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The Pre-History of The Unwritten

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On the eve of the release of The Unwritten #3, Mike Carey shares a special post with Broken Frontier on how he and Peter Gross concocted their new Vertigo hit series.

One of the most important moments in the pre-history of The Unwritten was when I read an obituary for Christopher Milne in one of the British broadsheets, back in the mid-90s when he died.  The obituary described Milne as having “survived a remarkable childhood” – an odd choice of verb, I thought – and then quoted the most disturbing and arresting sentence from Milne’s autobiography: "It seemed to me almost that my father had got to where he was by climbing upon my infant shoulders, that he had filched from me my good name and had left me with the empty fame of being his son."  I had to know more – and the best place to go seemed to be that autobiography, The Enchanted Places.

Milne, of course, is famous as Christopher Robin, the little boy whose best friend in all the world is Winnie the Pooh, and whose exploits were immortalised by his father in two collections of short stories and two of verses and pictures.  But the story that the adult Christopher Milne tells about his childhood is very different from this charming little idyll – and all the more disturbing for the stark contrast.

Like many middle class boys of his generation, Milne was sent to boarding school – in his case, the Stowe school in Buckinghamshire, maybe an hour’s drive from where I live.  There he was taunted and tormented by older and bigger kids who would often recite the poems from the Winnie the Pooh books as they abused him.  “Hush, hush, whisper who dares.  Christopher Robin is saying his prayers.”  Small wonder that when the boy became a man he was a life-long and dedicated atheist.  He came to see the Pooh books as a millstone around his neck, tying him whether he liked it or not to his father’s genius and his father’s definition of him.  He spent much of his life avoiding that automatic association and trying to create his own definition, his own identity – only to find, when he wrote his autobiography, that it was read avidly by fans of his father’s work whose only interest was in seeing the writer of Pooh through a child’s eyes.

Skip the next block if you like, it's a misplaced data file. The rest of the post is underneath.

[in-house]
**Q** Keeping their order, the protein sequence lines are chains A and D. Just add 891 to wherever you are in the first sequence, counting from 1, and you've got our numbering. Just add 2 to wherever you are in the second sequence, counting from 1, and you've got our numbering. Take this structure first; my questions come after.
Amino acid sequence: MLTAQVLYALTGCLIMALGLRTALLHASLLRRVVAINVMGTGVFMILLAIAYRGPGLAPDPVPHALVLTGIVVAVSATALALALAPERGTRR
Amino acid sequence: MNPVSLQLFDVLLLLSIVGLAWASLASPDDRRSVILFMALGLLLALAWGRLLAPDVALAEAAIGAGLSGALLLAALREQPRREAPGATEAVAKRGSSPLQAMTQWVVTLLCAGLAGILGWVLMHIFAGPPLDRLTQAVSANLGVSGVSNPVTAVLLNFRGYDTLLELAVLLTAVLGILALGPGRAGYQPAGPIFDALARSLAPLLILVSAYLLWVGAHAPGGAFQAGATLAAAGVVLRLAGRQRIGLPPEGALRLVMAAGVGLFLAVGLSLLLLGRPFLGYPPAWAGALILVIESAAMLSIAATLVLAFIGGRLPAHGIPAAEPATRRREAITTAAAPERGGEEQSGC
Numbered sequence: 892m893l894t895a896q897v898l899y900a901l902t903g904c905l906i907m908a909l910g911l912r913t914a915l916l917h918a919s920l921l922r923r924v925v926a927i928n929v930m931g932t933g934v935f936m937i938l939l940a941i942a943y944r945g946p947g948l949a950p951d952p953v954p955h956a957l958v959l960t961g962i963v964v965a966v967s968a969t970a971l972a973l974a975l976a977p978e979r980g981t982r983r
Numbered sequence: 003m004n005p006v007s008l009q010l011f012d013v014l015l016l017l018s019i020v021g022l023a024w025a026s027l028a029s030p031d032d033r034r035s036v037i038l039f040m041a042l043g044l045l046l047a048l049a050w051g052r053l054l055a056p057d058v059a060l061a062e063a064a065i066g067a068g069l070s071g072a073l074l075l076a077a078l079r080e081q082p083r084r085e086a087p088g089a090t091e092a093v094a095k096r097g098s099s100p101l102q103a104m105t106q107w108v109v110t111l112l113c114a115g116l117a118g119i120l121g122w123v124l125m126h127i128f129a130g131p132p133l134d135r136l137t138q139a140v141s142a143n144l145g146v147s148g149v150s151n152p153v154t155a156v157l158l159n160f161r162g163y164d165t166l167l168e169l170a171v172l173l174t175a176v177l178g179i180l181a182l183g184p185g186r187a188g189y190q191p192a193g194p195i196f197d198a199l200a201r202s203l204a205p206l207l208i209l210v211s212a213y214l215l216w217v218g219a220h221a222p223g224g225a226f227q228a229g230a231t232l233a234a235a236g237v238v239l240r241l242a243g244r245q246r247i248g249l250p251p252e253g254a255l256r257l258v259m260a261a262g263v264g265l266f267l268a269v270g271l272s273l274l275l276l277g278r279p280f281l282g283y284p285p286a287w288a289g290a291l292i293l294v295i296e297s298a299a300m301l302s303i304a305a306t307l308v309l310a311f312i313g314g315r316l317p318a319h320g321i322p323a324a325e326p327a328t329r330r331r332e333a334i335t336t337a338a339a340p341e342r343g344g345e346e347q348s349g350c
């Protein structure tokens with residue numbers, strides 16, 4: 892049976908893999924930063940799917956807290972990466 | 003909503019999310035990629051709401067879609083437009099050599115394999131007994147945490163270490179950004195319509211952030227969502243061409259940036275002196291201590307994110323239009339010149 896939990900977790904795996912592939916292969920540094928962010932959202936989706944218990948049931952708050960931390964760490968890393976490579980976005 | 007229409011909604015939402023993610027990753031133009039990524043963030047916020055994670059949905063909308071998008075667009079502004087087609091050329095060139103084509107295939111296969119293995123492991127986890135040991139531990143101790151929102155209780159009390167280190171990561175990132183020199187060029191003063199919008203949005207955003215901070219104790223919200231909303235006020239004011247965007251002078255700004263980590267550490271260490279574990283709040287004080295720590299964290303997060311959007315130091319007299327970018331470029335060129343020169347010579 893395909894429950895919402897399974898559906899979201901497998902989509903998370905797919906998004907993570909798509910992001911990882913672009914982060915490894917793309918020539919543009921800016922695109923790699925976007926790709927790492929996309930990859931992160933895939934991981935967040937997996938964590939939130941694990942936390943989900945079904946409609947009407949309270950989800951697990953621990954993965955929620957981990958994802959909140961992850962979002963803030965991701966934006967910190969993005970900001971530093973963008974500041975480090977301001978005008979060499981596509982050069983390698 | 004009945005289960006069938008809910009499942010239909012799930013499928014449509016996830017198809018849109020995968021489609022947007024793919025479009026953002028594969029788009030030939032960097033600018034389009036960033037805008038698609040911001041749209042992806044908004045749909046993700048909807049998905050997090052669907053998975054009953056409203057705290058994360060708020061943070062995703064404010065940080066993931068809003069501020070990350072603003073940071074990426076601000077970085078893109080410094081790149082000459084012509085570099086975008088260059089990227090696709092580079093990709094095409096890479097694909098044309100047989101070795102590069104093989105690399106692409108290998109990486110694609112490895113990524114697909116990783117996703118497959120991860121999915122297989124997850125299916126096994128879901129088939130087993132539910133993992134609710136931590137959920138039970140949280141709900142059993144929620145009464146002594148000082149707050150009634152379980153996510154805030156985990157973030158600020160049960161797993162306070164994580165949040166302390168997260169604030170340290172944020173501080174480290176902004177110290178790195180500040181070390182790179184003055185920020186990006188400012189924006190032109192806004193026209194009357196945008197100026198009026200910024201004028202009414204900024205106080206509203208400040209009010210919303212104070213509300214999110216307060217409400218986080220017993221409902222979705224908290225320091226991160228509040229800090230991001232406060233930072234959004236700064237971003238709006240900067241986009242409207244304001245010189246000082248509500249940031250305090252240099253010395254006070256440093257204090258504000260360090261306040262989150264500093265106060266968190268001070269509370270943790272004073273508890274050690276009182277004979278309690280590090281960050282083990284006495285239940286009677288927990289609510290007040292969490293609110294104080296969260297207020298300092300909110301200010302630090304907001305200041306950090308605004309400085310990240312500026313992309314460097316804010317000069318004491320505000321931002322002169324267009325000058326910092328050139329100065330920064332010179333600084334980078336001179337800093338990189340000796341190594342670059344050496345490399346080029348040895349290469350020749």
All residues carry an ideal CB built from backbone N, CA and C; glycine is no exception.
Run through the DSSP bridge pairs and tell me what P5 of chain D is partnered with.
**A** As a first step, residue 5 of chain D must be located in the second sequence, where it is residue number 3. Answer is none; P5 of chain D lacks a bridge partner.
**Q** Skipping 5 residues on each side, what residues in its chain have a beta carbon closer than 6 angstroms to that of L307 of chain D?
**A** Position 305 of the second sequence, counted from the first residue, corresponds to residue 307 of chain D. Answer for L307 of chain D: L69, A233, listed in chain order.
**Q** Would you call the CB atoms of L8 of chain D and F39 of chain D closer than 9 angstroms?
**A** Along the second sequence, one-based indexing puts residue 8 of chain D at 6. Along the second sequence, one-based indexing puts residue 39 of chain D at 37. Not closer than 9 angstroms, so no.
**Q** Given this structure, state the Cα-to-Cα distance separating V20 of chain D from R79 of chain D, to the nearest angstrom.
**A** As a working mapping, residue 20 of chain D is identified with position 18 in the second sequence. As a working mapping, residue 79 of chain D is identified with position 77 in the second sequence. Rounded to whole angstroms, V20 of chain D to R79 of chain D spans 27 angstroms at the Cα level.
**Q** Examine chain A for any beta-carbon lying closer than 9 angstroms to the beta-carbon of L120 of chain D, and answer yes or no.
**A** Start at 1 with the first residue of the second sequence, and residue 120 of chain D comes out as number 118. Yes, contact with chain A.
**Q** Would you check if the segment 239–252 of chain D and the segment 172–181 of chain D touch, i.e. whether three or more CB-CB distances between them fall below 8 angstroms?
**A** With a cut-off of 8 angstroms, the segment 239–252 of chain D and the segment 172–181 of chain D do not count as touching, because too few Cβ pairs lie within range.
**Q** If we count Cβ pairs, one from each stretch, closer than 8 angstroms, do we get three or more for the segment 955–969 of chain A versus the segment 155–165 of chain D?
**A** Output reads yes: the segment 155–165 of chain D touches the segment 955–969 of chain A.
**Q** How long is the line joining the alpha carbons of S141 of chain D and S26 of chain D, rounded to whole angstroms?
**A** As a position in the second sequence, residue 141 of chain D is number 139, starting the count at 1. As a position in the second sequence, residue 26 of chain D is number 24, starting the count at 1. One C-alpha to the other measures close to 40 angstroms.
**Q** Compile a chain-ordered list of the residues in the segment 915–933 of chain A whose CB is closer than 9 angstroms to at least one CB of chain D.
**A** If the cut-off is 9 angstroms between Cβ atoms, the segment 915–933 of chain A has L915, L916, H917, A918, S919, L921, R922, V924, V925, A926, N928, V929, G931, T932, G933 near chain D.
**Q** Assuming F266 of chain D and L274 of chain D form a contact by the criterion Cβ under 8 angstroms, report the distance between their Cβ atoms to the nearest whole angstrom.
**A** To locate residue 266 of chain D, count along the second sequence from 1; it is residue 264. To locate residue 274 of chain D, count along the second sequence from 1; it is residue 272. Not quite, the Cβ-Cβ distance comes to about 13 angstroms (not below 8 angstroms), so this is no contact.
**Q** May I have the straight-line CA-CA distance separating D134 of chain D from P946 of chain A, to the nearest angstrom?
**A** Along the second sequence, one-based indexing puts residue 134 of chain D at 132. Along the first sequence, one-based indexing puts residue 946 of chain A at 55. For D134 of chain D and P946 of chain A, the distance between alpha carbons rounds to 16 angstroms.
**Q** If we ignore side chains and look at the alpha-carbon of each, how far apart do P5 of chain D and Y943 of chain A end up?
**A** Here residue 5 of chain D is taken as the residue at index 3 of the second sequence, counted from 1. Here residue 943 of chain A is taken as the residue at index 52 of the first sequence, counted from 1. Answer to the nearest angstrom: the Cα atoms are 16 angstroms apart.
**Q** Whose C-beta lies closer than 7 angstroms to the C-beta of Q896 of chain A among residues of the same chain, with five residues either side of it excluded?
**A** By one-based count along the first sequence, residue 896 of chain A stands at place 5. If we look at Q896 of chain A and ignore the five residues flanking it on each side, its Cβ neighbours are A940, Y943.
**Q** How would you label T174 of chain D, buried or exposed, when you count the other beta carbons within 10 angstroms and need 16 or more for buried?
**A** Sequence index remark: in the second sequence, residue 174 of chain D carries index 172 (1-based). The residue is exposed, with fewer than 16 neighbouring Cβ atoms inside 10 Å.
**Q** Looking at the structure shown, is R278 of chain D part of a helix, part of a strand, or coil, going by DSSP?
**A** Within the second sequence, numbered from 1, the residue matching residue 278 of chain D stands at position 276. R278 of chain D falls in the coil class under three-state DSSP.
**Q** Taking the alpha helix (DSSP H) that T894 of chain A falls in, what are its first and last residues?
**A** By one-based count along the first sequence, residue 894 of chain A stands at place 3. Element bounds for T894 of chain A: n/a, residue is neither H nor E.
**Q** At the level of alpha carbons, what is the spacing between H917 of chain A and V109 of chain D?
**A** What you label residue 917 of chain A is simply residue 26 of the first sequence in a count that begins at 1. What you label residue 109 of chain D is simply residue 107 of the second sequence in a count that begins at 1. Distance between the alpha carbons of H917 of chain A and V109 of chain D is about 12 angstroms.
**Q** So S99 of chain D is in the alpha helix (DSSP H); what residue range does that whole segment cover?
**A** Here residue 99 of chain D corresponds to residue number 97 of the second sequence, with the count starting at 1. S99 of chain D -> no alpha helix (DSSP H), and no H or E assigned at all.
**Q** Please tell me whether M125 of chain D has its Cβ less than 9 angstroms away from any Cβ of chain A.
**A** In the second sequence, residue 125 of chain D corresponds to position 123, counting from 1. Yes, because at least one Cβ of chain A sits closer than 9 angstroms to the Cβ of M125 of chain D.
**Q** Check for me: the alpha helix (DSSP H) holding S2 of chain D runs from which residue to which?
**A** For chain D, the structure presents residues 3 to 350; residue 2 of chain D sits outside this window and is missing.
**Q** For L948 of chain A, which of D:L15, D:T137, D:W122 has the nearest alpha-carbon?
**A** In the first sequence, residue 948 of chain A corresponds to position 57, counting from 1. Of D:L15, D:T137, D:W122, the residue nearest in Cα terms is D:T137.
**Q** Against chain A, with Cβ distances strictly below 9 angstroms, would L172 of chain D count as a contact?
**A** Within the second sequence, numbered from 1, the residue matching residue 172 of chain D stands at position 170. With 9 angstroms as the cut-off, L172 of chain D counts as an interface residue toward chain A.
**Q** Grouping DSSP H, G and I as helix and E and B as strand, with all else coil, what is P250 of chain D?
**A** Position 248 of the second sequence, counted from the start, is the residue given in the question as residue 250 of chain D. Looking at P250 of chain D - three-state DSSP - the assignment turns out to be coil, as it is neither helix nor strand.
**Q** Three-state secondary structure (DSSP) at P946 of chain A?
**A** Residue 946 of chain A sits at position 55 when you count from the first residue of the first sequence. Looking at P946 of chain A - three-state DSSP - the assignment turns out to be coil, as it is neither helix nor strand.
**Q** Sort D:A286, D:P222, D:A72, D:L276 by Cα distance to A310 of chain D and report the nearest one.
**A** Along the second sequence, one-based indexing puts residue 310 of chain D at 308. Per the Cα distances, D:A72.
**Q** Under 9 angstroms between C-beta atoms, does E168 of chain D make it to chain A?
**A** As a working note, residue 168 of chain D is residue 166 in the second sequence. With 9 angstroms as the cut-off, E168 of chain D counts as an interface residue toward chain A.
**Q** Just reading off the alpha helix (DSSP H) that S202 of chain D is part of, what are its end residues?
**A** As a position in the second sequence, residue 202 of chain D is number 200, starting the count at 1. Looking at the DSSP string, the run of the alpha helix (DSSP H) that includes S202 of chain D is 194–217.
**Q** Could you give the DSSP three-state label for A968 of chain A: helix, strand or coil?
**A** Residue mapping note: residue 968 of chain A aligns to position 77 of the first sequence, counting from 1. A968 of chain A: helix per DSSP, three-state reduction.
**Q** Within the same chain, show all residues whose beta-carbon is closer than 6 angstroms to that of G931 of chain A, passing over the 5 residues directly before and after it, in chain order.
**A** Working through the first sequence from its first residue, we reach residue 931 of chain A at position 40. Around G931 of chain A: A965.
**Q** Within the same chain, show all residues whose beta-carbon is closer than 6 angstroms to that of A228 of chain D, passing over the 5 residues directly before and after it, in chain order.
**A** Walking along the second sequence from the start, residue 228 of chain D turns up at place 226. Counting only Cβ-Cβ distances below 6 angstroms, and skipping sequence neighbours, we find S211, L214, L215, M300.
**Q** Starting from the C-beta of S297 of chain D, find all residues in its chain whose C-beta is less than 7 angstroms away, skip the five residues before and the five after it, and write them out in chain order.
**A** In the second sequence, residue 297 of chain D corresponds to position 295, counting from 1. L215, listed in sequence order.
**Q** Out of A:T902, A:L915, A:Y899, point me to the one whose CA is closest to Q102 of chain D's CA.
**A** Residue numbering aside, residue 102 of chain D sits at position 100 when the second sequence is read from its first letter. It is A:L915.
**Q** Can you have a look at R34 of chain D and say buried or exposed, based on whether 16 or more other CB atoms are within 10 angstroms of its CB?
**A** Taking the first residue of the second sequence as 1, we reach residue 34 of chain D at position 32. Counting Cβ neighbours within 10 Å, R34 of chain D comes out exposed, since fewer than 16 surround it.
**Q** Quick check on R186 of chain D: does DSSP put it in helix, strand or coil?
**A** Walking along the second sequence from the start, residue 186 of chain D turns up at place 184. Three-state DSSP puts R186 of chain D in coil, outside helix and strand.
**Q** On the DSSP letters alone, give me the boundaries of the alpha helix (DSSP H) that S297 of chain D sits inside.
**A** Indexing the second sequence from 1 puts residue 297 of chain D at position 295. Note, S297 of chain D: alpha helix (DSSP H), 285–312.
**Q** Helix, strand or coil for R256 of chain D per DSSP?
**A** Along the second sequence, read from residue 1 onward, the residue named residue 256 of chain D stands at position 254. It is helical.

So yeah.  Flash forward to 2007.  I’m just back from San Diego Comicon, and Peter and I are putting our heads together trying to come up with a starting point for a Vertigo pitch.  We had all sorts of ideas, to be honest, but they were all of them at that formless stage where they don’t really contain any sense of a narrative.

It was Peter, not me, who came up with the idea of writing a story about the real and fictional lives of the same person – the son or daughter of a famous creator, immortalised but also maybe distorted in their work.  “Oh yeah,” I said, “like Christopher Robin Milne.”  And I think we both saw Tom Taylor in our mind’s eye at the same time.  There was a moment’s silence, then we both started to talk at the same time.  “Suppose we…”

Tom isn’t Christopher Robin, and Wilson Taylor – Tom’s forbidding and mostly absentee father – isn’t A.A.Milne, who by all accounts (although not at all good with children) was a gentle and thoughtful man.  But the Winnie the Pooh books, and the way in which they glanced off Christopher Milne’s reality and bent it out of shape in passing, are one of the things that stayed in the back of our minds as we were turning our initial ideas into a story.

For more behind the scenes info on The Unwritten, check The Unwritten blog by Mike Carey and Peter Gross.

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Comments

  • Andy Oliver

    Andy Oliver Jul 7, 2009 at 3:01pm

    Fascinating piece. Love little snippets like this that give us insights into the creative process.

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